Bob Dylan’s ex-wife sits on the bleachers in a smoky little Hoboken nightclub watching her latest son-in-law belting out his latest demo tape to an appreciative but slim audience of friends and scene-schemers. Bob Dylan’s ex-wife’s looks certainly belie her too many years of lawsuits and sleepless months: she’s still slim, dark, and her eyes still sparkle mischievously with the magics of eras gone by.
“I’m here tonight, really, to support him,” she tells me as she glances supportively at the figure anxiously replacing a string in mid-verse. “Of course, I know only too well how much it takes to step out on that stage with only a song between You and,” as her hand sweeps over the dance floor, “them. It’s a rough game. No, wait a minute: it isn’t a game… It’s a way of life, isn’t it? It is life for them, isn’t it? All these singers; all these kids. All their songs. But what can it really all add up to? In the end, I mean?”
Strange to hear Bob Dylan’s ex-wife unloading baggage onto a stranger like me – and in Hoboken. But then, one doesn’t get to be Bob Dylan’s ex by keeping one’s thoughts to oneself, I should imagine.
“You’ll excuse me now, won’t you?” she smiles as a final chord fades from the speakers under-foot. “I must get Peter out of his wet shirt and into a dry cab.” Bob Dylan’s ex-wife pops to her feet and, with a somehow sincere “Take care!” flung at me over a shoulder, rushes around the nearest corner out of view.
* * * * * * * * *
Bob Dylan’s girlfriend called me at 11:30 one night. She wondered if I could possibly make it over later to help her arrange some songs. “I have a show Monday, and I’m absolutely frantic,” she bleets. “It’ll only take an hour or so. I promise.”
Ten minutes later I’m deposited outside her building on one of the Upper East Side’s most uppity blocks. I look up to see her already waving crazily through her Pella windows. A second later, she’s dashed downstairs to haul me in.
“I’m sorry, I’m really sorry, but the intercom’s on the blink and we’re between doormen. And during this of all weeks! I’m really terribly sorry, but you know what they say about if it’s not one thing it’s another…” I’m scrambling to keep apace as she whisks me through the lobby and up the stairs to her majestic double oak doors.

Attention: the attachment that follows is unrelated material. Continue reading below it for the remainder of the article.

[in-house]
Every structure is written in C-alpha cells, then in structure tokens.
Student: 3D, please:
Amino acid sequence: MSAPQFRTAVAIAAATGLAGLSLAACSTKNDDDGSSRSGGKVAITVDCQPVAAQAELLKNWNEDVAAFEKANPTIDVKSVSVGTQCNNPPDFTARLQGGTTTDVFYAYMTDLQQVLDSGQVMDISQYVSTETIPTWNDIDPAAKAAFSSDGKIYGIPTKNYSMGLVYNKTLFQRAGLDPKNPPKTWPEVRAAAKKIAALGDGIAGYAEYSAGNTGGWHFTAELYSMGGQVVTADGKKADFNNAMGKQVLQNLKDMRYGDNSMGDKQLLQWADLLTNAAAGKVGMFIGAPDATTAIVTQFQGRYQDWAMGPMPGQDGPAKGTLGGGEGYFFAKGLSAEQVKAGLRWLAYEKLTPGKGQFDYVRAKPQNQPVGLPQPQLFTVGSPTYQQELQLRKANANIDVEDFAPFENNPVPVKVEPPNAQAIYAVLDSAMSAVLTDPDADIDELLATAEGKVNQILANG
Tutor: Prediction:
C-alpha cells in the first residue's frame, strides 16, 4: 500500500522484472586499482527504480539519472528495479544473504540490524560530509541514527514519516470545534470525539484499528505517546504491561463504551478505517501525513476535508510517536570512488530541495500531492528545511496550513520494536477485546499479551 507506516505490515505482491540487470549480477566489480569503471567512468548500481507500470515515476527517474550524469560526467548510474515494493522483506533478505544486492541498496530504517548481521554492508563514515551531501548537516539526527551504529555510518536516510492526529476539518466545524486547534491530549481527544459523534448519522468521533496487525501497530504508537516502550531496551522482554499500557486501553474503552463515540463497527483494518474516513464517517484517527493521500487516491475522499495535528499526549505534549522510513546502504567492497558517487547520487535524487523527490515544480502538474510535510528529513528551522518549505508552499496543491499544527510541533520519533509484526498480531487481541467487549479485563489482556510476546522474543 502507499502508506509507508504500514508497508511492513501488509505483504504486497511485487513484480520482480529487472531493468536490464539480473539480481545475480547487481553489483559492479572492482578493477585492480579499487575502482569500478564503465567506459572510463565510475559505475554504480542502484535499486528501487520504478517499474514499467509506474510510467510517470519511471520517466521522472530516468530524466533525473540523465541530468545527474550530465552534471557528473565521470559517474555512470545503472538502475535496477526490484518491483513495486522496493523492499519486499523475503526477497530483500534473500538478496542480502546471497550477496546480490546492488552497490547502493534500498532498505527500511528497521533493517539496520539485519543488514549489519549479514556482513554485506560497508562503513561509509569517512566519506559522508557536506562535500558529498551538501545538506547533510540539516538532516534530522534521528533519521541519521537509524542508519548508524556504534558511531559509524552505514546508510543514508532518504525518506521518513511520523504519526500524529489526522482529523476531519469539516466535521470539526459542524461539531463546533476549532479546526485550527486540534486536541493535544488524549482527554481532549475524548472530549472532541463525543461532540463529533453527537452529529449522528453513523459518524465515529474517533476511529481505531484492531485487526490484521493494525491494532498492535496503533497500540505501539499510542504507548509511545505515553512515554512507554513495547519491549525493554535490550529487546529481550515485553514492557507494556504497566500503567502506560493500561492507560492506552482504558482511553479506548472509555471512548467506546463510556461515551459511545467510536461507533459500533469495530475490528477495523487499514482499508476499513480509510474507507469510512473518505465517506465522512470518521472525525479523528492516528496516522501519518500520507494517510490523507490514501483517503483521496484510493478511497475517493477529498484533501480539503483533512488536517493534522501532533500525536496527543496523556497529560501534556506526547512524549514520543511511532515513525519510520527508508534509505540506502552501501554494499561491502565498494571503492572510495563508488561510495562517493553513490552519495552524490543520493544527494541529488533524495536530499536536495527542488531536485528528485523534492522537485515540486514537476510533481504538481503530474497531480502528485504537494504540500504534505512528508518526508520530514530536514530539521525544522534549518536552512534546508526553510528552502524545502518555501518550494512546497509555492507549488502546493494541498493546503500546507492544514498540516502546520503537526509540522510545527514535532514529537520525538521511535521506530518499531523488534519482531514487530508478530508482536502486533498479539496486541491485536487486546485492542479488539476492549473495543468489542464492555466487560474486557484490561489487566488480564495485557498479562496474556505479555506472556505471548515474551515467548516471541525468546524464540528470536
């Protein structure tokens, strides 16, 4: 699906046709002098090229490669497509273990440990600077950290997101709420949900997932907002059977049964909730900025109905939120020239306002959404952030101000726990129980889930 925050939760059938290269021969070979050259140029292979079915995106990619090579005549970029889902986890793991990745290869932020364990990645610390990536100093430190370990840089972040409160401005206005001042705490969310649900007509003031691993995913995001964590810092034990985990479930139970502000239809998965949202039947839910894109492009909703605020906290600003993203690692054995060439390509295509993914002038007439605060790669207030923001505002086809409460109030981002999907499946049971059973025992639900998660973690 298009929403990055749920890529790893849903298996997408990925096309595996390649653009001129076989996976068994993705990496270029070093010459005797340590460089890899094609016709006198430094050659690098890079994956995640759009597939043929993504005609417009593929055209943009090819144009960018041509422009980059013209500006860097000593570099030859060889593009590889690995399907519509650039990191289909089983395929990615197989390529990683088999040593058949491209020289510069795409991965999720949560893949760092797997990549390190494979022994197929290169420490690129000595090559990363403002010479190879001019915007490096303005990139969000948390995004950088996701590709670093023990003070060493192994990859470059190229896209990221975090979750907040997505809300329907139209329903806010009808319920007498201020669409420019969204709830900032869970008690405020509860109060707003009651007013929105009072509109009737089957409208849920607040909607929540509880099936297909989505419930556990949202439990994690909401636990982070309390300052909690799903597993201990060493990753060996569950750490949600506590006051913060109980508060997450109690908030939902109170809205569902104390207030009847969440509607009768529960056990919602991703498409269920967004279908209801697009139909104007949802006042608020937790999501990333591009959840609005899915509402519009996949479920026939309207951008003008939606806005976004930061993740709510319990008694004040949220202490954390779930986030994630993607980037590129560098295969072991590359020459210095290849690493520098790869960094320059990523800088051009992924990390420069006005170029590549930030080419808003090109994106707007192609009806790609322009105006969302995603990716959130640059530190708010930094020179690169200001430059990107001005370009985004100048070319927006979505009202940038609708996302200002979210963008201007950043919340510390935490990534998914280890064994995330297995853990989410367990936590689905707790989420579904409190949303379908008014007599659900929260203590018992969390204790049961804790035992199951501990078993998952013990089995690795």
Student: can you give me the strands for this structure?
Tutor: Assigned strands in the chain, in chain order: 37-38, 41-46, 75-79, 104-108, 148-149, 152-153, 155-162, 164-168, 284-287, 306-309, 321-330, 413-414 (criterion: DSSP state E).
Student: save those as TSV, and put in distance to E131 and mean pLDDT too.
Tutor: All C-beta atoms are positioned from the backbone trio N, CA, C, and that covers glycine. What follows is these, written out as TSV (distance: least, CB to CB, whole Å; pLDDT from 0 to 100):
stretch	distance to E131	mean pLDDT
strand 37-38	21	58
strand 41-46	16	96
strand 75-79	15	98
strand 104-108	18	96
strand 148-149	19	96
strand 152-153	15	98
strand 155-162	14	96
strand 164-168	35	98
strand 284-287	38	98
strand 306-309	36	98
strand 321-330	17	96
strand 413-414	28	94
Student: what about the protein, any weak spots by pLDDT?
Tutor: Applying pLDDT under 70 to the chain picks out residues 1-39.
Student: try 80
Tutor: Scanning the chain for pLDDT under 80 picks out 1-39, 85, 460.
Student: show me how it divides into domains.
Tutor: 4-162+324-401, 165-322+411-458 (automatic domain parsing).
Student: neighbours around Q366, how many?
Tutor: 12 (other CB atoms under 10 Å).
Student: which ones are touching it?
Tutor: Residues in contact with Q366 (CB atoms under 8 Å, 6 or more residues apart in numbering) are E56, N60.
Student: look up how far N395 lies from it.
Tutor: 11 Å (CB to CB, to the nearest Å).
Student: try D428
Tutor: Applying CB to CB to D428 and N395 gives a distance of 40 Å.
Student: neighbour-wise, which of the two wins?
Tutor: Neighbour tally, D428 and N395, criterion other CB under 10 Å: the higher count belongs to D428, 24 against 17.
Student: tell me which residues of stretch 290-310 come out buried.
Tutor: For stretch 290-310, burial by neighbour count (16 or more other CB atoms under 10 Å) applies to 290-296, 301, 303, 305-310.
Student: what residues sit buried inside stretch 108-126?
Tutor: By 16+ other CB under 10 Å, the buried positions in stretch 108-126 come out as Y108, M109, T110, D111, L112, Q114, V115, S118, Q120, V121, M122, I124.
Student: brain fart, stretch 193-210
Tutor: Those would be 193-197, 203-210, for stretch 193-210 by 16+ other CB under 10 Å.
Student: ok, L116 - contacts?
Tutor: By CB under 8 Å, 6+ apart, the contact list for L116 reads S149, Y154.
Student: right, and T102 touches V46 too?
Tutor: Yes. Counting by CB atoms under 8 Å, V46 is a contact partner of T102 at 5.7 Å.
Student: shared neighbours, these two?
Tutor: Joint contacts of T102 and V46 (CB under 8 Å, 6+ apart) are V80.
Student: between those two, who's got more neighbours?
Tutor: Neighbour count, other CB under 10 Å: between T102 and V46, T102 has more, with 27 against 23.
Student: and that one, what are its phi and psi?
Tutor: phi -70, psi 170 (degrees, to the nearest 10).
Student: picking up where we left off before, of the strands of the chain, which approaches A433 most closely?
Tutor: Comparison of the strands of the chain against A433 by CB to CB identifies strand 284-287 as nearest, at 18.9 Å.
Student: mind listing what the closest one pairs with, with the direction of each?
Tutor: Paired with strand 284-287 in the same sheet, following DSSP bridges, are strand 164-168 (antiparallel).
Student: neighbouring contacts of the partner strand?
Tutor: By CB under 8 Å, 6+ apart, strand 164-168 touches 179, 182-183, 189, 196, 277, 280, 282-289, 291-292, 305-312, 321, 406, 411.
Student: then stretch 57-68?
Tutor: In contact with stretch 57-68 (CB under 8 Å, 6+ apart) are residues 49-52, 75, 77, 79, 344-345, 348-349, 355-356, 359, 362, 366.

Bob Dylan’s girlfriend’s apartment is huge and sumptuous in the extreme, despite the fact its lone contents at the moment are a futon, a piano, and a fireplace full of orchids. “I’m sorry there’s nowhere to sit yet – there’s hardly anything to eat yet – but I’ve only just moved in three nights ago and my furniture’s still somewhere between here and the coast. At least I hope it is! With the kind of week I’ve been having, I’ll bet the trucks have broken down somewhere in the wilds of Minnesota and I’ll be living on Ritz Bits for the rest of my life!”
As I glance overhead at the ornate chandelier and, higher still, clumps of Renaissance angels painstakingly painted over the ceilings, I can’t help but realize a goodly percentage of Grand Central Station’s homeless could most comfortably spend their remaining days in Bob Dylan’s girlfriend’s closet.
“Okay, okay. I have half an hour, maybe forty-five minutes, to do on Monday night, and between the fittings and the pre-shoot – what am I going to do about this hair! – I have to whittle down the absolute best set of songs I can before I can hire all the back-up people. Now, I think it’s important above all else to showcase the width, the depth of my repertoire: after all, we’re no spring chickens here! I mean, I’ve been working that Village since I was fourteen! I met Bob in ’65, you know. What a little twerp he was then. You know, sometimes I still call him my little twerp! Anyways, I met him in one of those awful dessert places on Bleecker and Bobby was, how shall I put this… SHIT-FACED. He was drunk, okay? And he was hitting on me for God’s sake. Hitting on me! And I just kept saying to him, “Get away from me you little twerp” – that’s what I used to call him – but he could not leave me alone! All night he’s going “You’re beautiful. What’s your name?” Hitting on me, right? And I was so young and so scared I just wanted to get OUT OF THERE. But Bobby said – and I’ll never forget this – Bobby said “That’s okay. That’s okay. We’re gonna meet together again someday. Out on the coast.” And dammit, nine years later – and just about as many husbands! – I’m out in L.A. searching everywhere for the man, and would you believe it? We got together. We meet again. Just like he said we would! He even let me sit on the couch for that After The Flood [sic] tour. Would you believe it? And you know what? He’s just as big a little twerp today as he ever was!”
By 4 A.M. I was getting hungry and even a little bit tired. Not that I don’t mind listening to Dylanspeak upon Dylanspeak direct from the girlfriend’s mouth as it were…
“I’m awfully sorry, but I don’t want to keep you here all night, but would you believe I don’t even have a clock here? With my luck, I’ve left it out on the coast… not that you ever need to know the time out there! But thank you so very much for coming by so late. And at such small notice too! You know I appreciate it much. But I’m sorry, but I’ve got these damn fittings and that damn cheek thing of mine all day tomorrow, and God, will I ever get everything banged together by Monday night?”
Bob Dylan’s girlfriend saw me into another cab and, you know, we never did get to work on any songs.
Excerpted from “The Mammoth Book of Bob Dylan,” edited by Sean Egan, now available in North America from Running Press Publishers.